Bioscience Biotechnology Research Communications

An Open Access International Journal

Bioscience Biotechnology Research Communications

An Open Access International Journal

Shilpam Sinha* and Richa Raghuwanshi

Department of Botany, M.M.V., Banaras Hindu University, Varanasi-221005 (UP), India

Corresponding author email:

Article Publishing History

Received: 15/10/2020

Accepted: 30/12/2020


In the present study, phytochemical screening, antioxidant activity, polyphenolic activity and reducing power of Andrographis paniculata plant prepared in different solvents (methanolic, ethanolic and double distilled water) was assessed by different protocols.2,2-Diphenyl-1-picrylhydrazyl (DPPH) free radical scavenging activity, Hydrogen peroxide (H2O2) radical scavenging activity, Polyphenolic contents and reducing activity of the plant was evaluted by modified method. Phytochemical screening of plant showed the presence of carbohydrate, cardiac glycosides, amino acids, flavonoids, alkaloids, phenols, saponins, steroids and tannins. In DPPH free radical and H2O2 radical scavenging activity , methanolic extract of plant were most potent in activity with 50% inhibition at 333.34 µg/ml. and 398.12 µg/ml concentration respectively. Total phenolic (309 ± 0.81 mg/g of gallic acid equivalent) and flavonoid content (82.125 ± 0.85 mg/g of rutin equivalent) were maximum in the methanolic extract of plant. High reducing capacity of plant was observed in case of methanolic extract. A significant positive correlation was found between antioxidant activity and polyphenolic content (total phenols and total flavonoids). Moreover, a significant correlation was found between antioxidant activities and reducing potential of plant extract, depicting that reducers are important contributors to antioxidant. The study shows whole plant extract of A. paniculata as an important natural source of antioxidants and phytochemicals.


Andrographis paniculata, Whole Plant Extract, Antioxidant Activity, Polyphenolic Content, DPPH Free Radical Activity, H2O2 Scavenging Activity, Reducing Power

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Sinha S, Raghuwanshi R. Evaluation of Phytochemical, Antioxidant and Reducing Activity in Whole Plant Extract of Andrographis paniculata (Burm.f.) Wall. ex Nees. Biosc.Biotech.Res.Comm. 2020;13(4).

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Sinha S, Raghuwanshi R. Evaluation of Phytochemical, Antioxidant and Reducing Activity in Whole Plant Extract of Andrographis paniculata (Burm.f.) Wall. ex Nees. Biosc.Biotech.Res.Comm. 2020;13(4). Available from: <a href=””></a>


Medicinal plant is the future of phytomedicines (plant-derived drugs) and serves as a rich source of food, fibres and drugs. They have been used in folk medicine since ancient times for the prevention and treatment of the numerous diseases as they express a vast array of biological activities. Presently, research is focusing attention on medicinal plants as it is considered as the most sustainable alternative source of antioxidants to supplement the endogenous oxidative stress defense system in humans (Rahman et al., 2012 Banji et al 2028, Engwa 2018,  Zwolan et al 2020).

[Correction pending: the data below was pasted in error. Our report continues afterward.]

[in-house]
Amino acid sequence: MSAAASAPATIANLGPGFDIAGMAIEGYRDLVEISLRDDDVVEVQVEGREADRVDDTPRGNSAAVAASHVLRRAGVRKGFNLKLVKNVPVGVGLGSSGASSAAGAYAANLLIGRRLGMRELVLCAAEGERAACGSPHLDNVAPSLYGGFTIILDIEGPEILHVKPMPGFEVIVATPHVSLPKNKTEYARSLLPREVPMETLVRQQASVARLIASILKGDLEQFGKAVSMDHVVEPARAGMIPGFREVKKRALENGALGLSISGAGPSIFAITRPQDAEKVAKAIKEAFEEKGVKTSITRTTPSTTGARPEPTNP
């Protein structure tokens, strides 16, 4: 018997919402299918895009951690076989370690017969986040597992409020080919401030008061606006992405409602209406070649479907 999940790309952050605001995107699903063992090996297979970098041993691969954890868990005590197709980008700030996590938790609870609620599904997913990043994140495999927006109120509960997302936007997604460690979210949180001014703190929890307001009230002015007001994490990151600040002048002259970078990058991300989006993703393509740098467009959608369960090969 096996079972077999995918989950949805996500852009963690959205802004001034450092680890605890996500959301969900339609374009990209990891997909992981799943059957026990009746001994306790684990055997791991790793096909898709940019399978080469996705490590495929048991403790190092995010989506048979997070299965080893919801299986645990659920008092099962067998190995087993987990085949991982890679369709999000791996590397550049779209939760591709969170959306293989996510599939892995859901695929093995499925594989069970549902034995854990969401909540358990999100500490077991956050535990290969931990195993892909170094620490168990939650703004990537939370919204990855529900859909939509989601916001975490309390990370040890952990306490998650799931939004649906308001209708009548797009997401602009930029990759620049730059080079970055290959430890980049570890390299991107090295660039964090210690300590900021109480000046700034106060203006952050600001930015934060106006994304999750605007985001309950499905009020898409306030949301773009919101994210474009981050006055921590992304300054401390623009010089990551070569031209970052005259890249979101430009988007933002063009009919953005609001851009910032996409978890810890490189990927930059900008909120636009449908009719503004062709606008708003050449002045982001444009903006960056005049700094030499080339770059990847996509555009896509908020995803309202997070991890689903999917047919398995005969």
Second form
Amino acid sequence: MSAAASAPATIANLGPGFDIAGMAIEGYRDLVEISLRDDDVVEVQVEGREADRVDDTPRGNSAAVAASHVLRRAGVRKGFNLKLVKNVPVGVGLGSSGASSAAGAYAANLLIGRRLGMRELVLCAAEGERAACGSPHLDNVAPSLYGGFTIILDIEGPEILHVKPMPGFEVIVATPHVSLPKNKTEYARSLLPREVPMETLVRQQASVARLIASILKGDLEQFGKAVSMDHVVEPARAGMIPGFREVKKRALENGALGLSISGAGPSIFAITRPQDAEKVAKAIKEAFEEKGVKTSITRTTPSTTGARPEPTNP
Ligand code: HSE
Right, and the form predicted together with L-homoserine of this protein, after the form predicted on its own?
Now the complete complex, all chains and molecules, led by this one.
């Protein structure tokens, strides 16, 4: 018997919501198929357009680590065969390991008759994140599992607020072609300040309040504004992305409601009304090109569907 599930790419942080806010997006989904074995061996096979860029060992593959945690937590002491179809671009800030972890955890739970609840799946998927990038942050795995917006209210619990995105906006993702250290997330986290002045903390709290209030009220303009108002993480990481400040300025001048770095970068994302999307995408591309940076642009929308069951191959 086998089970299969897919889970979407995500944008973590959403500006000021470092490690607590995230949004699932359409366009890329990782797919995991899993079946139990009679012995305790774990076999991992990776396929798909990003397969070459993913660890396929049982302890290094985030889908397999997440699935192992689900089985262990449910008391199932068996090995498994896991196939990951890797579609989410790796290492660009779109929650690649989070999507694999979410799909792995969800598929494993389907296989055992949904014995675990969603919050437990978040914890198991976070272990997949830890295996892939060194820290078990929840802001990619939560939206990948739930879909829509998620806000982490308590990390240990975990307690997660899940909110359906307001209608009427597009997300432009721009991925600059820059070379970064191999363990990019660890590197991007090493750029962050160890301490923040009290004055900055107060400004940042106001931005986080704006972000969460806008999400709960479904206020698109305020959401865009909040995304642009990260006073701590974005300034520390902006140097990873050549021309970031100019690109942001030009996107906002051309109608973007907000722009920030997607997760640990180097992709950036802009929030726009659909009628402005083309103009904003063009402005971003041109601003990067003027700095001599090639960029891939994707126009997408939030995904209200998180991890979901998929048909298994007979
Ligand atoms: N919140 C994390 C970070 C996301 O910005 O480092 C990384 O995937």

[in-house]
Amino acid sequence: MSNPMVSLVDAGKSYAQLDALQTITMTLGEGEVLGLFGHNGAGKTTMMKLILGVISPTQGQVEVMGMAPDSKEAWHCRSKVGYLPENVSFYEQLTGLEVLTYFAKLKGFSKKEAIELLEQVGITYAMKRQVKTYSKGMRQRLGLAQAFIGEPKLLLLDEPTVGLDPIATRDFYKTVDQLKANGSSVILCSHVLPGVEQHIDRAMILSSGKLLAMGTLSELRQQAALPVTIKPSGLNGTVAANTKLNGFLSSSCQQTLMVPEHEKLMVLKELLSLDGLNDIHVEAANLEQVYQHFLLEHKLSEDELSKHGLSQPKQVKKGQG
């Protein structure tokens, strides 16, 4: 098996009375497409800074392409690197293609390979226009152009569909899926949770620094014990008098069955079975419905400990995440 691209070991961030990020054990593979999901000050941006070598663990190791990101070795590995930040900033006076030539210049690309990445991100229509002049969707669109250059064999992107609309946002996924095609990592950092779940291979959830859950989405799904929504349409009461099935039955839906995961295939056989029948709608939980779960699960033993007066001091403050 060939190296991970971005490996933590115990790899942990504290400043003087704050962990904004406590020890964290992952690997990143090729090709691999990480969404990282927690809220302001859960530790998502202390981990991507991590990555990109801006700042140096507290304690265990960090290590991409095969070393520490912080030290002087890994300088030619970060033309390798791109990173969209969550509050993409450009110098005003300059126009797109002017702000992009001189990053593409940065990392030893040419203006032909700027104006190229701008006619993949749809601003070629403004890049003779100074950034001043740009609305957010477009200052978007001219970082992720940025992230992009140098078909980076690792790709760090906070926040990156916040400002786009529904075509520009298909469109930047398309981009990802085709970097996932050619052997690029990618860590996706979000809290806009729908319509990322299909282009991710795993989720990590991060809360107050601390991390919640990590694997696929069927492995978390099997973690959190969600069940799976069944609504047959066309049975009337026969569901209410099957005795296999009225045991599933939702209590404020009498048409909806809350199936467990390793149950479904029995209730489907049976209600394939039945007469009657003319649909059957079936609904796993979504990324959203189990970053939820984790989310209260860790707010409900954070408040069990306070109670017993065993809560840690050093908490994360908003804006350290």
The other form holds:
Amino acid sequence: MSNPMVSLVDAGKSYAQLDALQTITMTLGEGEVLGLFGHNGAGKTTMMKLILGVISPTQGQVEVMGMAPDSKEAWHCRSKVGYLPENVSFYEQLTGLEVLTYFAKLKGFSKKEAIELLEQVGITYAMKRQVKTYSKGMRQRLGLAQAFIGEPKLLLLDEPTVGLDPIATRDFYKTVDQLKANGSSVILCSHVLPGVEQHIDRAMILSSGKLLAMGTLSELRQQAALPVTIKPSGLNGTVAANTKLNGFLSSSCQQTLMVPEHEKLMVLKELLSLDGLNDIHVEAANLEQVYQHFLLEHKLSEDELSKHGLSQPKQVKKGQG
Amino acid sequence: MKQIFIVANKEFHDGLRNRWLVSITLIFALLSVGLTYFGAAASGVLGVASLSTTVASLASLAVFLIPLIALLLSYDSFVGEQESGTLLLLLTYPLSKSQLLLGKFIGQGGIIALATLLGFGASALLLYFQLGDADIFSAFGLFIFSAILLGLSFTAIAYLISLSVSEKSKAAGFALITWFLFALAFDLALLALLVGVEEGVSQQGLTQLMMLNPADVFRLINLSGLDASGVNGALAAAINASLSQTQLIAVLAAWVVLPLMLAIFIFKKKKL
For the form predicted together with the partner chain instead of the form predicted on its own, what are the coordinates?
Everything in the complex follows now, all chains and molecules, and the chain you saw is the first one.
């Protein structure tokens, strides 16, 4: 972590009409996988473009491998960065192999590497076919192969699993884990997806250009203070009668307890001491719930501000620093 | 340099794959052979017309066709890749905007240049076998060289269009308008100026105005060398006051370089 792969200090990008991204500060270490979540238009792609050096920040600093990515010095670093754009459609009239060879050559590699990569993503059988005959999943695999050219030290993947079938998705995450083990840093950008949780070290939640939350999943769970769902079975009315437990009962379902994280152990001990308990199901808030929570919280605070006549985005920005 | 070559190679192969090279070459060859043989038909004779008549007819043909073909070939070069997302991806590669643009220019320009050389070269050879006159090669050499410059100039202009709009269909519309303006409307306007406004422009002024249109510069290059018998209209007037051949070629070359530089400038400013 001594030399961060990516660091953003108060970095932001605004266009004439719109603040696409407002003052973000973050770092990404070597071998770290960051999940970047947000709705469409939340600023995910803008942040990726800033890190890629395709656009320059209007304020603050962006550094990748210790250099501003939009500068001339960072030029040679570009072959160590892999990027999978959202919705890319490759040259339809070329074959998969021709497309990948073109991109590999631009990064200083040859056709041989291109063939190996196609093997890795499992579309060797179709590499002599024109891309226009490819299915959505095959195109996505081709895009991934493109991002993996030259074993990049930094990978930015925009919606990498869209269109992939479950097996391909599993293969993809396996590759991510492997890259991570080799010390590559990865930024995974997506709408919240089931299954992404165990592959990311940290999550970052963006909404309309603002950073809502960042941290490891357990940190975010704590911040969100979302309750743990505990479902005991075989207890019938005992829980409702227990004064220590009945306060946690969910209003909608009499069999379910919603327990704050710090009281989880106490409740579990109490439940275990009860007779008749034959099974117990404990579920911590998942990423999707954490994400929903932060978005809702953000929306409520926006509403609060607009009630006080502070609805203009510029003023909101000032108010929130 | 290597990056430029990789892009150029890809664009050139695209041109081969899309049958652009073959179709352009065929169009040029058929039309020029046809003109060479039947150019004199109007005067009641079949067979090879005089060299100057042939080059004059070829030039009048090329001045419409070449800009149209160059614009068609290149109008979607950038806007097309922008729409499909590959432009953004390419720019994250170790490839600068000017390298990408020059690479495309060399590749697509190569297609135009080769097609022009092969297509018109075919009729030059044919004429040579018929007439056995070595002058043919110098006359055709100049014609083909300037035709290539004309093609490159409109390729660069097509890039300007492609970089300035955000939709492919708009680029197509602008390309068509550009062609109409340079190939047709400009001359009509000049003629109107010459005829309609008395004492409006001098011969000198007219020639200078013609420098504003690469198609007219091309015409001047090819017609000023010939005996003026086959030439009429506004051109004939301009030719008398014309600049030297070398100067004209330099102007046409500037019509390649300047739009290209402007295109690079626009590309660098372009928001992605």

Antioxidants obtained from the plants either in the form of crude extracts or their derived products is very effective to inhibit the destructive processes caused by oxidative stress (Zengin et al., 2011). Oxidative stress generates free radicals in form of reactive oxygen species (ROS) in the human body through aerobic respiration, ionizing radiation and pollution may increase the risk of chronic and degenerative diseases such as cancer, cardiovascular diseases, ageing and atherosclerosis (Valko et al., 2007). The human body generates antioxidant enzymes to neutralize free radicals (Rimbach et al., 2005), a diet rich in edible antioxidants is recommended to assist the human body to protect itself from food borne free radicals. Plants phytochemicals have shown to possess antioxidant properties capable of scavenging free radicals, preventing cellular damages and related diseases via several mechanisms. Hydrogen peroxide (H2O2), superoxide ion (O2) and hydroxide radical (OH) are considered as most common ROS. Antioxidants are the molecules which stabilize or deactivate free radicals, before they hit targets in living human cells (Nunes et al., 2012  Banji et al 2028, Engwa 2018,  Zwolan et al 2020).

Plants contain a wide variety of free radical scavenging molecules, such as anthocyanins, carotenoids, flavonoids, glutathione, vitamins and endogenous metabolites (Zheng and Wang, 2001).The concentration of the phenolic compounds like phenolic acids, flavonoids, anthocyanins and tannins etc. may be related to the antioxidant activity of medicinal plants (Djeridane et al., 2006). Natural antioxidants have gained interest in pharmaceutical research as an alternative for substitution of synthetic substances showing antioxidant activity (Huang et al., 2005). It is mainly due to the fact that natural antioxidants are cost effective, easily available, non-toxic, eco-friendly and sometimes more efficient than synthetic ones. Continuous efforts are required to characterize plants phytochemicals for their antioxidant potentials and mode of action for various therapeutic uses against oxidative stress-related diseases, (Zwolan et al 2020).